Picking up boxes if your job is a UPS driver WITHOUT going home with aches and pains
Isolating the bicep, or sitting on a hamstring curl machine, doesn’t translate to real-life activities.
Second, how can isolating muscle groups lead to imbalances and potentially lead to injury?
Your body is complex.
People think of muscles as…chest, bicep, tricep, shoulders.
However, that’s not really how it works.
There’s no such muscle as the “shoulder.” Your shoulder is a complex, interconnected part of your body with ligaments, tendons, and MULTIPLE muscles (some larger than others).
So, when you isolate the “shoulder” with a single-armed overhead press, you’re only activating the “shoulder” in a certain way.
Quite often, these isolated exercises are designed to strengthen the BIG muscle groups but fail to functionally strengthen and stabilize the smaller muscles, tendons, and ligaments.
Consequently, you’re not actually getting structurally stronger and more stable, which can potentially lead to injury.
To prove that the vast majority of the world has full-body strength training wrong, read the next section.
The World Has “Full-Body Training” Wrong
To understand why the world has full-body strength training wrong, it’s important to look at a common “full-body” strength training routine.
Full-Body Weight Training – An Example of What NOT To Do
Here’s an example of what a full-body weight training session might look like:
- 3 sets of straight arm shoulder raises (15 reps each)
- 3 sets of hip abduction & hip adduction on a machine (15 reps each)
- 3 sets of hammer curls (15 reps each)
- 3 sets of back squats (15 reps each)
- 3 sets of bench press (15 reps each)
- 3 sets of hamstring curls (15 reps each)
This is considered a “full-body” workout because you’re hitting the biceps, the shoulders, the hamstrings, the quads…
But not a single exercise above involves using the FULL body as one unit.
Full-Body Circuit Training – An Example of What NOT To Do
Circuit training is where you move from one exercise to the next.
Some people split these circuits into different groups, called supersets.
Below is an example of a mainstream full-body circuit training workout.
Superset #1 (complete two times):
- 12-15 reps of isolated bicep curls with dumbbells
- 12-15 reps of calf raises holding weights
- 12-15 reps of alternating single-arm shoulder press with dumbbells
- 25 crunches
Superset #2 (complete two times):
- 12-15 reps leg extensions on the weight machine
- 12-15 reps of single-arm tricep kickbacks using dumbbells
- 12-15 reps of chest flys using dumbbells
- 25 crunches
This is only considered a “full-body” workout because you’re working multiple muscle groups.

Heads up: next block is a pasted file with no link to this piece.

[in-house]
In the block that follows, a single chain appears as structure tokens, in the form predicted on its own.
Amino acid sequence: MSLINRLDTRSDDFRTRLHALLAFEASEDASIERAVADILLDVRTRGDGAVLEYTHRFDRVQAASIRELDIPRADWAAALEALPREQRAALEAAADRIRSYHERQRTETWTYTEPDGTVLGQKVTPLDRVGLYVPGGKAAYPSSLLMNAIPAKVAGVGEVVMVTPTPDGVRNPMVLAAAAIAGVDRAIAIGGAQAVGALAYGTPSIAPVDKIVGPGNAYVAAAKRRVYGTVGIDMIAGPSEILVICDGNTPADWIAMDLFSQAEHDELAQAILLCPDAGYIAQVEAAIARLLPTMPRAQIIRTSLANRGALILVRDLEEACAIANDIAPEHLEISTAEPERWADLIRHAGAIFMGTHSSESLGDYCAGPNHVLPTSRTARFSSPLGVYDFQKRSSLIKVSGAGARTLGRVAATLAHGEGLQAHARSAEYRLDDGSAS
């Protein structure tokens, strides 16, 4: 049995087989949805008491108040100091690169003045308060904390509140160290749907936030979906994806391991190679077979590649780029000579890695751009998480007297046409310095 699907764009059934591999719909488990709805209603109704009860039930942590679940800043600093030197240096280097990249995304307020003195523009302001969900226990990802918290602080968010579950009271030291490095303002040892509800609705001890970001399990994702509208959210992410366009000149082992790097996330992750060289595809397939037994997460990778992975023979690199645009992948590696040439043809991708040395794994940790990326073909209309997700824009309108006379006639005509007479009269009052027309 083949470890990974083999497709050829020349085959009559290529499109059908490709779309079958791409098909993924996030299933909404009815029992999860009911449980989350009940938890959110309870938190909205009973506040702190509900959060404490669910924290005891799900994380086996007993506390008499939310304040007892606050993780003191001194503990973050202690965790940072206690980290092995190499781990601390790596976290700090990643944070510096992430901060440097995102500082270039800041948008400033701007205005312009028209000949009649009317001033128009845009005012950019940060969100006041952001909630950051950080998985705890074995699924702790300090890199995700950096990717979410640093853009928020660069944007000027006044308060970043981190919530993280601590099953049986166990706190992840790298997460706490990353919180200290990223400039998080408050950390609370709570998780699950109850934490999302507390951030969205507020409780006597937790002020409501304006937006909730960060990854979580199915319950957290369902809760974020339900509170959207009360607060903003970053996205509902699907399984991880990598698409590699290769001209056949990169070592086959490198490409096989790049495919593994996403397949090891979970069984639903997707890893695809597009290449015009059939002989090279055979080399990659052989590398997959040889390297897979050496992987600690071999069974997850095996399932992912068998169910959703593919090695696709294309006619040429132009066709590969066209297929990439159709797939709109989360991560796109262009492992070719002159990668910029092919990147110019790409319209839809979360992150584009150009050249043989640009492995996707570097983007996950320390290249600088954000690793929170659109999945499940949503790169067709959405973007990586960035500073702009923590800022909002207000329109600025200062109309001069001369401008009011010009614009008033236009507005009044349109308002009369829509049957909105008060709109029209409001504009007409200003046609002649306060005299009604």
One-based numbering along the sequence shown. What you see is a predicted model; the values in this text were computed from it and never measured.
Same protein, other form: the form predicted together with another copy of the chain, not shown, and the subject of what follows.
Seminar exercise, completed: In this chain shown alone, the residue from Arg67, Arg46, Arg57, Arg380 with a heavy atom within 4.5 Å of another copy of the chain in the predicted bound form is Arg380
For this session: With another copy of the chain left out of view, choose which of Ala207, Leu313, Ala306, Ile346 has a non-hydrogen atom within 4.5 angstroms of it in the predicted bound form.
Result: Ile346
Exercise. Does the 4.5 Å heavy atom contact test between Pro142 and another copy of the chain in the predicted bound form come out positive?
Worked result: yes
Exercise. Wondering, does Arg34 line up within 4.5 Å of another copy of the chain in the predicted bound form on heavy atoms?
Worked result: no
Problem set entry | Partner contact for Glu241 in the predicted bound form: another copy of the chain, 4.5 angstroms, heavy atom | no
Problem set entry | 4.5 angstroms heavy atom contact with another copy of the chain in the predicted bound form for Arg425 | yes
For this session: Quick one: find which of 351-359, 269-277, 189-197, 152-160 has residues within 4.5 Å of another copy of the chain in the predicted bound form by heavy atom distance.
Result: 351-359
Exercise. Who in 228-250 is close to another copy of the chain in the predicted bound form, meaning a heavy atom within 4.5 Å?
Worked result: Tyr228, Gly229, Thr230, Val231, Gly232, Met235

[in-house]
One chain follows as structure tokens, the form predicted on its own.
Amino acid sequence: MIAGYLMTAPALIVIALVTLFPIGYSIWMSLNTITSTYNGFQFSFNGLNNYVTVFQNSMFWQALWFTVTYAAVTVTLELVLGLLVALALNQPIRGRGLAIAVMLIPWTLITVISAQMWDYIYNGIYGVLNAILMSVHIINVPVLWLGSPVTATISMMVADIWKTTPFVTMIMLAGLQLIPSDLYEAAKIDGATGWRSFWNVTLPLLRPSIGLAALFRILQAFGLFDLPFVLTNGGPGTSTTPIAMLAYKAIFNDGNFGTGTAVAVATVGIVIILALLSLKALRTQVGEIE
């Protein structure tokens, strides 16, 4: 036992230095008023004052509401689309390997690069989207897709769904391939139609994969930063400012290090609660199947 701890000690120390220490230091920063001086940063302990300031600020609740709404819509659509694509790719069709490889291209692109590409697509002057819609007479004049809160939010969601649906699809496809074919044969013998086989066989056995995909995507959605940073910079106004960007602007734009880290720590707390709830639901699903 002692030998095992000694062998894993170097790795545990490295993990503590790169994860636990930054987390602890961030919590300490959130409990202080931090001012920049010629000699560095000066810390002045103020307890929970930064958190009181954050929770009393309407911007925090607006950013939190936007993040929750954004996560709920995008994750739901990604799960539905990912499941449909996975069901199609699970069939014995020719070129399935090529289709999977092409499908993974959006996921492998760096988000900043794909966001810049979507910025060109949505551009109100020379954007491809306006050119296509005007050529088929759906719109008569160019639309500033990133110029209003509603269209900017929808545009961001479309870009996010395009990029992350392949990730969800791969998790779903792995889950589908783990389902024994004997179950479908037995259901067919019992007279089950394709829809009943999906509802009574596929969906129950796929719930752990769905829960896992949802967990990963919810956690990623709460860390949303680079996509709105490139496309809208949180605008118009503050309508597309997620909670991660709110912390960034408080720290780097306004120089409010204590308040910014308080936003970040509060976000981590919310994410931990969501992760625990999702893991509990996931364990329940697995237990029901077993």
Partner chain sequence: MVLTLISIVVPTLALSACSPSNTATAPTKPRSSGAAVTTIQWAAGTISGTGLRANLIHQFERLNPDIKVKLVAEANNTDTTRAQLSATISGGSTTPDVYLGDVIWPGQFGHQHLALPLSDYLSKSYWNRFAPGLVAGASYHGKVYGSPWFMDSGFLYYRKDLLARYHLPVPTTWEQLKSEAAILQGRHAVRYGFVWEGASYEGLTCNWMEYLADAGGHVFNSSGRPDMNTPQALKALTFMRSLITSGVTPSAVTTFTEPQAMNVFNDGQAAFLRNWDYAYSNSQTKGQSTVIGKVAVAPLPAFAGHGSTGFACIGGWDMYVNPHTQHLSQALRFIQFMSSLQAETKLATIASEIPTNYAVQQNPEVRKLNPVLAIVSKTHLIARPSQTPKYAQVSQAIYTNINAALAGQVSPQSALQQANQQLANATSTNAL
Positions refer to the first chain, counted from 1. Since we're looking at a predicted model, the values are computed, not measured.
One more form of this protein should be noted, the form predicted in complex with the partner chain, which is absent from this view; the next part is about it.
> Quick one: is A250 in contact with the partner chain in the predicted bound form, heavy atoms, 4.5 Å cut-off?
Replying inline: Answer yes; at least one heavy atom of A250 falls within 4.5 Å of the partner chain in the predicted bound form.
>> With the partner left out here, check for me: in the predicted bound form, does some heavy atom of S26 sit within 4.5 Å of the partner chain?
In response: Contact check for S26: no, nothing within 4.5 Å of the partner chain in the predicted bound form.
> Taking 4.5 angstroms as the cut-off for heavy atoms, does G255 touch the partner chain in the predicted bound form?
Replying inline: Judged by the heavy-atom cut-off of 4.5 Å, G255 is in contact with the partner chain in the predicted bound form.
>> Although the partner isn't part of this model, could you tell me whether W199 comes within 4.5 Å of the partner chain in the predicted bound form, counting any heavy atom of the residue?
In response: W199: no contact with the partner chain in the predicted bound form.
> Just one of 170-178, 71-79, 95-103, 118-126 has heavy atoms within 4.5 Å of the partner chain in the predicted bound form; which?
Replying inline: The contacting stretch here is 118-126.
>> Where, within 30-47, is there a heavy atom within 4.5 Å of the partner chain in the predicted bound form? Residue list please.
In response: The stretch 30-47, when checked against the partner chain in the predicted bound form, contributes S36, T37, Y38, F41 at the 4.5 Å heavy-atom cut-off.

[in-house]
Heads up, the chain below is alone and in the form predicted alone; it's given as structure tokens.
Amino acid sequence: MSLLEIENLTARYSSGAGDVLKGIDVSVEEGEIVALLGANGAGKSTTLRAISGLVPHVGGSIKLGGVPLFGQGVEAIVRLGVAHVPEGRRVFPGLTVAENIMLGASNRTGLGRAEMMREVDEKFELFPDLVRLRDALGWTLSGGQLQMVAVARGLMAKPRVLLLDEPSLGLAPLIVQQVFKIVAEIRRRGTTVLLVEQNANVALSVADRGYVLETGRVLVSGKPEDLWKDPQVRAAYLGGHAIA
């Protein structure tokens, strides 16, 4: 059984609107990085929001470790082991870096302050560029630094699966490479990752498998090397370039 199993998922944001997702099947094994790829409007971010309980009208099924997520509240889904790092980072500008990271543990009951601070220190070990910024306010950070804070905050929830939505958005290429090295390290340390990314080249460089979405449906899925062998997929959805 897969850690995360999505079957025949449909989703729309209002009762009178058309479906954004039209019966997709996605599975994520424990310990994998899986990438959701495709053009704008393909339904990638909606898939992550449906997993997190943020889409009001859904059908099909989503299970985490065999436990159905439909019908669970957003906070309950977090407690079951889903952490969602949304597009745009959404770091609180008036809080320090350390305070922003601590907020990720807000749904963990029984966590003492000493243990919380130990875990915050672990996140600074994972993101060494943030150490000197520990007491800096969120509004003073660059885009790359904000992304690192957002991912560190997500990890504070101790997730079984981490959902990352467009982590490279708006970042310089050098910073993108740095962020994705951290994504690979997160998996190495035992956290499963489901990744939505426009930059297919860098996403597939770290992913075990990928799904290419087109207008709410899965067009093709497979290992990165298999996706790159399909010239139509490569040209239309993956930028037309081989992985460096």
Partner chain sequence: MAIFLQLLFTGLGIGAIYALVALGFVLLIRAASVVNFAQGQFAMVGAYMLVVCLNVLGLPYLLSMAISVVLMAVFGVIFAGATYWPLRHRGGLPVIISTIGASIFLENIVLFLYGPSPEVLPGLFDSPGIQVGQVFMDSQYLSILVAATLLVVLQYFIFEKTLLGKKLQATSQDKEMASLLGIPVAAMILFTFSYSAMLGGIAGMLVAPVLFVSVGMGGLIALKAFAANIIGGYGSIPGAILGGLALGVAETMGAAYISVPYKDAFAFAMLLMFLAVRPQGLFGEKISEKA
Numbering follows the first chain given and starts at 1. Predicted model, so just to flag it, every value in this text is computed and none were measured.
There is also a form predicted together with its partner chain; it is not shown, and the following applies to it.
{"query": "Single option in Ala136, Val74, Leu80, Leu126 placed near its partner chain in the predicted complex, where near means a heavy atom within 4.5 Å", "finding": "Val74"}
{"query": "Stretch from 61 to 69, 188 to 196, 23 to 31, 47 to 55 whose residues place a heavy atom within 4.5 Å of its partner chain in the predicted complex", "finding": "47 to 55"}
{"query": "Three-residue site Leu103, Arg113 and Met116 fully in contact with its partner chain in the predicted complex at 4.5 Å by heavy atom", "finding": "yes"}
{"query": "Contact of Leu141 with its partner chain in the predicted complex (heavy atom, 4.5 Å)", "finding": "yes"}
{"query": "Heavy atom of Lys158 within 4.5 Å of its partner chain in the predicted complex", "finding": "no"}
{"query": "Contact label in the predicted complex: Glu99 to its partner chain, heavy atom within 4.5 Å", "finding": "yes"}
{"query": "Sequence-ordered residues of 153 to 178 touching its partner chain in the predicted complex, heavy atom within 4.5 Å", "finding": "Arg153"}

But not a single exercise above involves using the FULL body as one unit.
Full-Body Training Program – The Best Examples
There’s actually not a “perfect” full-body training program.
Let us explain:
A 67-year old woman who loves playing pickleball, playing with her grandchildren, and going on walks with her husband is NOT going to need the same full-body training program as a 23-year old man who is training for a Spartan Race.
While we’d love to give you examples of the best full-body training programs, we simply can’t (and shouldn’t ethically) do that.
Every person has a different body.
Every person has different fitness goals.
Every person has a different training schedule.
So, therefore, how can we share a universal full-body training program?
Can You Train Full-Body Every Day?
There’s not an easy answer to this.
The best answer we can give? It depends.
- You can train full-body every day if the workout is light and leaves you feeling energized and refreshed the next day.
- You should not train full-body every day if you are working out really hard, pushing your body to the limits, and risking injury.
Full-Body Trainer – What You Should Look For in a Fitness Coach
When looking for a full-body trainer, here are a few things you should look for:
- A trainer who has made fitness their life, and their craft.
- A trainer with experience (and case studies) helping people with full-body exercises
- A trainer who believes fitness should be more than just having big muscles, but instead should promote health and wellness
- A trainer who treats the body as one unit and doesn’t encourage isolating muscle groups during workouts
If a trainer has the qualifications above, then you can likely trust them to help you achieve the results you’re looking for.